This automotive restoration project began in June 2010, with the client’s sights set on showing it at Pebble Beach. This 1960 Ferrari 250 GT Pininfaria Cabriolet (PF Cab) had been in storage for 30 years in Arizona before being purchased by the current owner. Ferraris during this time were hand built by Italian coach makers and the engines were also hand-built by Ferrari. The 250 GT series was built for the customer that wanted a street legal car that he could also take to the race track. Of course not everyone raced their Ferraris, some customers just wanted the awesome power and beautiful styling of the 250 GT. Pininfarina is still operating and still makes concept and prototype cars for major companies around the globe.
After the Ferrari 250 GT PF Cab was disassembled and media blasted, I set about repairing and reconstructing the body to its original factory state.
This client was particularly concerned about getting the rebuild perfectly symmetrical. I had an idea, born from my experience working in the prototype industry: to build a box with a measuring system to aid the build of the vehicle. The photos below are a brief taste of posts to follow.
The first part of this post covers a measuring device we designed and built specially for this Ferrari PF Cab and the second part explains how it was used to rebuild the tail light area.
The objective of the measuring box is to figure out if a car body was built square to the chassis and is symmetrical from side to side. Before delving into measuring the body, remember that this was a Ferrari hand built body from the 1960′s, so tight tolerances are not expected. The idea is that the Ferrari PF Cab body and chassis sit on a center line inside a 3-dimensional steel framed box. The perimeter of the box acts as a measuring datum so that measurements from the box to the Ferrari PF Cab can be taken on the left and right hand sides and then compared to check symmetry.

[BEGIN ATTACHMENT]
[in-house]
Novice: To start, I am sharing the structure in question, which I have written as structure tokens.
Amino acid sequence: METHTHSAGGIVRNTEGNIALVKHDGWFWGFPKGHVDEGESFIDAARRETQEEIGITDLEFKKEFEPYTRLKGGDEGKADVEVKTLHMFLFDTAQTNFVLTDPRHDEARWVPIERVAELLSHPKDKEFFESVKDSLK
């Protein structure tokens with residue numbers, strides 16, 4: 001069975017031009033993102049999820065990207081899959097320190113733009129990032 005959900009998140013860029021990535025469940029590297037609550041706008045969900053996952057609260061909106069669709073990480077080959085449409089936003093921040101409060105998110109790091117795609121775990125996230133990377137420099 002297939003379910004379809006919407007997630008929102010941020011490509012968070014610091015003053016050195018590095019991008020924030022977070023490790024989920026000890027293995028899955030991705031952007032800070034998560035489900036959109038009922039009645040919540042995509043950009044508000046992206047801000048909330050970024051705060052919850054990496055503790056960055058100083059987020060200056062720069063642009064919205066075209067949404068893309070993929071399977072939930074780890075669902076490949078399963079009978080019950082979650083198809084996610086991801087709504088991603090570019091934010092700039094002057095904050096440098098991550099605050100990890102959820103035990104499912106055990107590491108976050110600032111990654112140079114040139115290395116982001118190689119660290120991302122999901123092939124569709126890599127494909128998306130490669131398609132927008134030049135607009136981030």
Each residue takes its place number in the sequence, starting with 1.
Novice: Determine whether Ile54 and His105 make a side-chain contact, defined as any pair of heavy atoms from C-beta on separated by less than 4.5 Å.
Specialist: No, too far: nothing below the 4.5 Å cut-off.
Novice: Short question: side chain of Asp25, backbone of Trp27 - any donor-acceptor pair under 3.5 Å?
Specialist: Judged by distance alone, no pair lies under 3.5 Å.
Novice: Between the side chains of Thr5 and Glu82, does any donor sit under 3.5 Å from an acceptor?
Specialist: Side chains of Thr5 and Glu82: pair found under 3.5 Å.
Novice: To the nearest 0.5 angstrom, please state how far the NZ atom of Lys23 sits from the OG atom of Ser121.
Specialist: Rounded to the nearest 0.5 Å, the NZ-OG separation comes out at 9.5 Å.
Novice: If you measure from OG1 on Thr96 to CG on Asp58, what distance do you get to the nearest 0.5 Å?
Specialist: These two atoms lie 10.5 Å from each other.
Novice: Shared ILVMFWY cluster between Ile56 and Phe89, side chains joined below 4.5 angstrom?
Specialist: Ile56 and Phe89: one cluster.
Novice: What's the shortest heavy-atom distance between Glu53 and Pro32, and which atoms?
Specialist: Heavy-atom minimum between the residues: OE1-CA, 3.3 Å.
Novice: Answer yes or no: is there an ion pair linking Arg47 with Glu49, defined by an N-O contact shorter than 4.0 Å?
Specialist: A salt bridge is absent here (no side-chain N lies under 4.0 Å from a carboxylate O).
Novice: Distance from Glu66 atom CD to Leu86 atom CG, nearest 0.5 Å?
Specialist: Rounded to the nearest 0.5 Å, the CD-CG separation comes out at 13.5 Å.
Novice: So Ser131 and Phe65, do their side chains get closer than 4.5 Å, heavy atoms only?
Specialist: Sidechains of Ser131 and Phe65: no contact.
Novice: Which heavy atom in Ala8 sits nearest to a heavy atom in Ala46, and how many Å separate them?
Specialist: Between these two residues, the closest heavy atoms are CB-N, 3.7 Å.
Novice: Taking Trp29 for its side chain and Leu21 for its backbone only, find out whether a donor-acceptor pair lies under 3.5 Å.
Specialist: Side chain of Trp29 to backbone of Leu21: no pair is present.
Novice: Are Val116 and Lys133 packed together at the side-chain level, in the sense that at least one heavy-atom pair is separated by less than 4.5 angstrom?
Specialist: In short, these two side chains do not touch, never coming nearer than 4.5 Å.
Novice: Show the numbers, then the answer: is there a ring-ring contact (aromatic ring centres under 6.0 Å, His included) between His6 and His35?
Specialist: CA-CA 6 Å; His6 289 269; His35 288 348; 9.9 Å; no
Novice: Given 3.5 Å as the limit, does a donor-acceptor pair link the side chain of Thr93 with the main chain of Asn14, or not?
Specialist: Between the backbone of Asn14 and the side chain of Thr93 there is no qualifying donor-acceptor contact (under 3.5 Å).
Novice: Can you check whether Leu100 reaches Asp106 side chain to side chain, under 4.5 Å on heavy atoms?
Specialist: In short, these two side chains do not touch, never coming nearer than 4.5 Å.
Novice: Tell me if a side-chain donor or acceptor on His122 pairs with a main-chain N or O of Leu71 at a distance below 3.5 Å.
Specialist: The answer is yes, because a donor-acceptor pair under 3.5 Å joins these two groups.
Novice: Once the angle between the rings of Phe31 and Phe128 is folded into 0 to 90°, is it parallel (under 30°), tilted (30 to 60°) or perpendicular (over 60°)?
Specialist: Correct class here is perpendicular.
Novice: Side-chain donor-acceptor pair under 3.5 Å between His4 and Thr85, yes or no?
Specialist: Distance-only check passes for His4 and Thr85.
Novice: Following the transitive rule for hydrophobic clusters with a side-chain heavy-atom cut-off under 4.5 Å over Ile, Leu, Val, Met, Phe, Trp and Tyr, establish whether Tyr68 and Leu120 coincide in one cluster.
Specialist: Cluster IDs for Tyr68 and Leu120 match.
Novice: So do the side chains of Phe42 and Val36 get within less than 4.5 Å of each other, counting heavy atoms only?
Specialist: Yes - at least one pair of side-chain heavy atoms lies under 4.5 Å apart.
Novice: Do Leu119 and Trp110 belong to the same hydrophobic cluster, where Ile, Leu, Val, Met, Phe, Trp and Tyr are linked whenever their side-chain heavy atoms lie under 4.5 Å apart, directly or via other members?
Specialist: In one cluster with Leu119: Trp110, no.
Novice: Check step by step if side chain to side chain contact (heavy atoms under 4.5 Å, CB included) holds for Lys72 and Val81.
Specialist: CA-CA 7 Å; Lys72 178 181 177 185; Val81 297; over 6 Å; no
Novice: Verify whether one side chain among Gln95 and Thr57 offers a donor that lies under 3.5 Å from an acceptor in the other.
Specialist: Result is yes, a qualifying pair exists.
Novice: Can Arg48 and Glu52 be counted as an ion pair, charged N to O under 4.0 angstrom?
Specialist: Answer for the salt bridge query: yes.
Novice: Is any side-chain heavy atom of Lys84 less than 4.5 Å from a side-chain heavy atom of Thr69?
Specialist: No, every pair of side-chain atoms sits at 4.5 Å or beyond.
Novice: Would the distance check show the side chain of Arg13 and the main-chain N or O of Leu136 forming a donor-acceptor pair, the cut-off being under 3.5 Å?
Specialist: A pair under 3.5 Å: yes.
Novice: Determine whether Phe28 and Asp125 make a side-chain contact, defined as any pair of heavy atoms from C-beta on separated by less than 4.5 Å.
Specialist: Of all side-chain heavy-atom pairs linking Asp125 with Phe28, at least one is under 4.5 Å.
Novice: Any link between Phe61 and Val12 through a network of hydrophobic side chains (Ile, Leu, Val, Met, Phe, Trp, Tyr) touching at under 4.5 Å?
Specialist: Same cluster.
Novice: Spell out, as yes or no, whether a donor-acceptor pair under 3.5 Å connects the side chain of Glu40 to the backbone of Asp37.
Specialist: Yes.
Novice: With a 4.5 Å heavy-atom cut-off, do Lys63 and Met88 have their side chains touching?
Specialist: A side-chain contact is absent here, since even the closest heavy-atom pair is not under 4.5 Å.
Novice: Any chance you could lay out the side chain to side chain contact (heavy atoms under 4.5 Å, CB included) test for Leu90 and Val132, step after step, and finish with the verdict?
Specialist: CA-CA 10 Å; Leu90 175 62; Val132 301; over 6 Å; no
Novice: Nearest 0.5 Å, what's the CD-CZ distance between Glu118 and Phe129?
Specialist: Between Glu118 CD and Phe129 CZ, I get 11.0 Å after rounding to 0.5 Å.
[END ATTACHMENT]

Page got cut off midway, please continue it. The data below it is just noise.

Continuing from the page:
The 3-dimensional box is divided into 3 planes representing length, depth, and height. On each axis is 1/2″ machined holes spaced 200mm apart, these holes are locations for the measuring stations. A line runs down the center of the box and the center of the chassis is aligned with a custom stand to the body. The center line only runs length ways, as the body is only symmetrical in one direction. The body is divided into a grid, with the aid of a laser, and numbered to aid recording.
These were the findings of major significance for this Ferrari PF Cab:
1. the front right-hand headlight housing is 10mm further forward than the left-hand headlight
2. the body style line is 6mm higher on the right-hand side than the left-hand
3. the complete rear end of the car is kicked over to the right hand side 50mm from the rear of the doors to the back of the Ferrari. Not from accident/damage, just how the car was built.
4. the left-hand rear tail light housing peak leans inwards 8mm
After discussing the above findings with the client, the first issues to address was the left-hand tail light problem. Now we will show the step by step rebuild and fabrication of the light housing. Why rebuild this area? On first sight the sheet metal housing clearly looked as though the top was angled inwards and second, the housing was too big for the light bezel, which formed the appearance of a step. To be correct in appearance, the surface of the bezel should be level with the surface of the paint. As part of the ‘measuring box’ process, we recorded results showing the top of the housing was 5mm to the right of center. To fix these two problems it was most practical and cost efficient to make a completely new housing and then graft it into the fender.
1. Slice away the original taillight housing from the car body.
2. Make a pattern off the original and cut a fresh piece of sheet metal to match.
3. Shape the new piece, using the old piece and the actual tail light until it fits perfectly.
4. TIG weld the new sections together.
5. Offer it up the car body, again adjusting until it fits perfectly. Cleco into place.
6. Check bottom, top, and sides against the measuring box for perfect squareness and symmetry.
7. TIG weld the new housing onto the Ferrari body.
8. Metal finish and then you are ready for paint!